Of course, the vast majority of book banning is perpetrated by people and groups on the right. Many conservatives don’t like books that feature anti-racist elements, sexual candor, LGBTQ themes, criticism of negative aspects of organized religion, “bad” language, anti-war sentiment, the depiction of violence that’s unfortunately so prevalent in real life, etc.

But liberals are occasionally in the book-banning camp as well, with one example being past efforts against Adventures of Huckleberry Finn spurred by discomfort with its many uses of the “n-word.” I hate that facet of Mark Twain’s iconic novel, too, even as the issue is complicated by knowing that the book showed “of their time” attitudes and that Twain was mostly anti-racist in Huckleberry Finn as well as in his personal views.

Why did Tennessee’s McMinn County school board ban Maus? Reportedly because the graphic novel contains some swear words, nudity, and suicide. Disturbing to some, sure, but, as Art Spiegelman has noted, the Holocaust was disturbing. Way, way beyond disturbing. If anything, Spiegelman often underplayed things in Maus, from my memory of reading it many years ago. I much more recently read Herman Wouk’s superb War and Remembrance, and the explicit concentration camp and gas chamber scenes in that novel will haunt me for the rest of my life.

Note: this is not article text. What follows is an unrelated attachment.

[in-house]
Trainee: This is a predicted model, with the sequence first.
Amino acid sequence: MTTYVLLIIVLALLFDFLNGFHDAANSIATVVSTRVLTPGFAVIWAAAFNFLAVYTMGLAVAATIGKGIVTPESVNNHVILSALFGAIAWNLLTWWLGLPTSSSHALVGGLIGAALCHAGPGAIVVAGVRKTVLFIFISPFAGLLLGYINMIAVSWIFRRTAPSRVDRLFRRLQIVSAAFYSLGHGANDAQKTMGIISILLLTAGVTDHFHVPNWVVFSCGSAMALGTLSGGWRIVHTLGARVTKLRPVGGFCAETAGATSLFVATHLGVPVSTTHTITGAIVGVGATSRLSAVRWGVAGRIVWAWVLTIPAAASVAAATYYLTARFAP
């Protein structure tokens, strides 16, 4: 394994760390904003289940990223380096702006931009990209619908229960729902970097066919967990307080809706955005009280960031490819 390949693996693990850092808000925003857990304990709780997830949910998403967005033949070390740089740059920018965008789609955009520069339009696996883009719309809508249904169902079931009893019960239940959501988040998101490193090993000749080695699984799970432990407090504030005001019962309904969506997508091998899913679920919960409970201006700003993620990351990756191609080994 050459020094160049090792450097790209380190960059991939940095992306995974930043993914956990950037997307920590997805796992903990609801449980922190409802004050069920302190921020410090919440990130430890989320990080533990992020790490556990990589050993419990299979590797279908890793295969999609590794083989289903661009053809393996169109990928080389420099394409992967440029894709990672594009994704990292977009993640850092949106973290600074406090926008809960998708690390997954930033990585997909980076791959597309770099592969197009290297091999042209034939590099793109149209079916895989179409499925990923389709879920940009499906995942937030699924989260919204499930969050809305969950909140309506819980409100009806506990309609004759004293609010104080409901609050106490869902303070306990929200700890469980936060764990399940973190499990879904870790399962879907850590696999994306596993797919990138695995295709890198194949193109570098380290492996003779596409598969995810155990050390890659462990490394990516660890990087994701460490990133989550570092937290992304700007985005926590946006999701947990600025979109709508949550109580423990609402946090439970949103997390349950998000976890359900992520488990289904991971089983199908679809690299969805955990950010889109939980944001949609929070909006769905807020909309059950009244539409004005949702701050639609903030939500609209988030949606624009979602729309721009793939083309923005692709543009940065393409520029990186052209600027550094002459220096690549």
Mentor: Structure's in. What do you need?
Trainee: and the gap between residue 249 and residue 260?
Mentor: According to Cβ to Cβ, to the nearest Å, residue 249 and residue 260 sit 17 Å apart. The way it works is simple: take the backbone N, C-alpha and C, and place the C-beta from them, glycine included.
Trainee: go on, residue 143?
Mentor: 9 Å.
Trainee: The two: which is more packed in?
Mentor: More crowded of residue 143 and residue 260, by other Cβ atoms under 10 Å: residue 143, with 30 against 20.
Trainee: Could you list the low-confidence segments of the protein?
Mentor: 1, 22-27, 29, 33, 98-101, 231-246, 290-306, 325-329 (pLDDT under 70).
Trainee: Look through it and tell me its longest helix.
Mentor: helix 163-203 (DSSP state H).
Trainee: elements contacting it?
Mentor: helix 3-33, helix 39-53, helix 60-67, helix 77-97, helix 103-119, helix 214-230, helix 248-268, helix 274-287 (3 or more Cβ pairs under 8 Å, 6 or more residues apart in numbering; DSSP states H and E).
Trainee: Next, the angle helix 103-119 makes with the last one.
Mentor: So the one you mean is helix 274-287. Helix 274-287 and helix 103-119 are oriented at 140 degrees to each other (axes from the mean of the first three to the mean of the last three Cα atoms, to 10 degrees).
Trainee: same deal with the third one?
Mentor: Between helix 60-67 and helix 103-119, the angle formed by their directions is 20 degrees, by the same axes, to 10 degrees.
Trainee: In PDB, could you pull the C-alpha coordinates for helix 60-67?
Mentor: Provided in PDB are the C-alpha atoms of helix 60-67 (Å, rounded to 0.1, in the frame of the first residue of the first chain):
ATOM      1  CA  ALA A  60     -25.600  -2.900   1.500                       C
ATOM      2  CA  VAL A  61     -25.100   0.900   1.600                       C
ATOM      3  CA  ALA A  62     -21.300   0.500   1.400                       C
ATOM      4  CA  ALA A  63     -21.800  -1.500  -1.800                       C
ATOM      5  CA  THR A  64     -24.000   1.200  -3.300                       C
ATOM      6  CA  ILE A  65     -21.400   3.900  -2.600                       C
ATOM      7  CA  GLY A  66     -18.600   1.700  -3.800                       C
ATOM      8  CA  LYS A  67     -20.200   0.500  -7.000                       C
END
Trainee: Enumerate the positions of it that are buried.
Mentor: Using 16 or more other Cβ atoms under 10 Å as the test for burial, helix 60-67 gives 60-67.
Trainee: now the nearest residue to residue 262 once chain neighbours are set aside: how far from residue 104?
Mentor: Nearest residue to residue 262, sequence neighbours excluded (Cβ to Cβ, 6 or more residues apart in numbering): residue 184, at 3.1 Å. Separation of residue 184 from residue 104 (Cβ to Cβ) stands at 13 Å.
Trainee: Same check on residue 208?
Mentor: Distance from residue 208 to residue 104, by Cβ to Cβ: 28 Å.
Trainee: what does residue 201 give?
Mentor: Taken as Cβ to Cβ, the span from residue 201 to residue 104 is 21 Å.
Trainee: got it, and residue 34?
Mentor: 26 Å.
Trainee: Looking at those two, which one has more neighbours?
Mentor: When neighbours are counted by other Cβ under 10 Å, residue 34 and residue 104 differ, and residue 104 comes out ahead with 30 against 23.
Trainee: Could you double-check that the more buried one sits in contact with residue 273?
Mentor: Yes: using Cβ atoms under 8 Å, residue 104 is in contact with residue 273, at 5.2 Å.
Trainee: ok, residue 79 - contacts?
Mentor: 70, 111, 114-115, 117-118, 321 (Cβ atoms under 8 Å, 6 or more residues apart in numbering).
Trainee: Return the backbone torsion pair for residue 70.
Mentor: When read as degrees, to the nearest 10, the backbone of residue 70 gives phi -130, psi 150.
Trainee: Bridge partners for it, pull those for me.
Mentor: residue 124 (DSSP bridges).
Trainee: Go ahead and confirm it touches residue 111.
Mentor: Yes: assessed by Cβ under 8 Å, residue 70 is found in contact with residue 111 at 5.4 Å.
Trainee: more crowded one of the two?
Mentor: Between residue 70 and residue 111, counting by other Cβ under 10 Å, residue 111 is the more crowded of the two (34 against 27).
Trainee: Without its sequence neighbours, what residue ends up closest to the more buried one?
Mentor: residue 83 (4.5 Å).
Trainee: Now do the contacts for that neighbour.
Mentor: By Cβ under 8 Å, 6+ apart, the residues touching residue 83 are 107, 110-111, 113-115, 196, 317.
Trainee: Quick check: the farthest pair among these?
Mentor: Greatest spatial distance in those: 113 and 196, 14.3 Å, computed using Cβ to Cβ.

The Nazis, of course, banned various books and burned enough copies of them to make the doings in Ray Bradbury’s Fahrenheit 451 look like a picnic. Among the Third Reich’s targets were All Quiet on the Western Front and other writings by German author Erich Maria Remarque, who was disdained by the Nazis for his admirable anti-fascist and anti-war views. Remarque had to flee Germany, and lived the rest of his life elsewhere.

Many other excellent novels have been banned anywhere from once to often. In some cases, banning happened to books that were sexually frank at a time when that was especially frowned upon — with D.H. Lawrence’s Sons and Lovers (1913) and Lady Chatterley’s Lover (1928) two prime examples. LGBTQ-themed novels, including James Baldwin’s Giovanni’s Room (1956) and Rita Mae Brown’s Rubyfruit Jungle (1973), have also been “cancel-cultured.”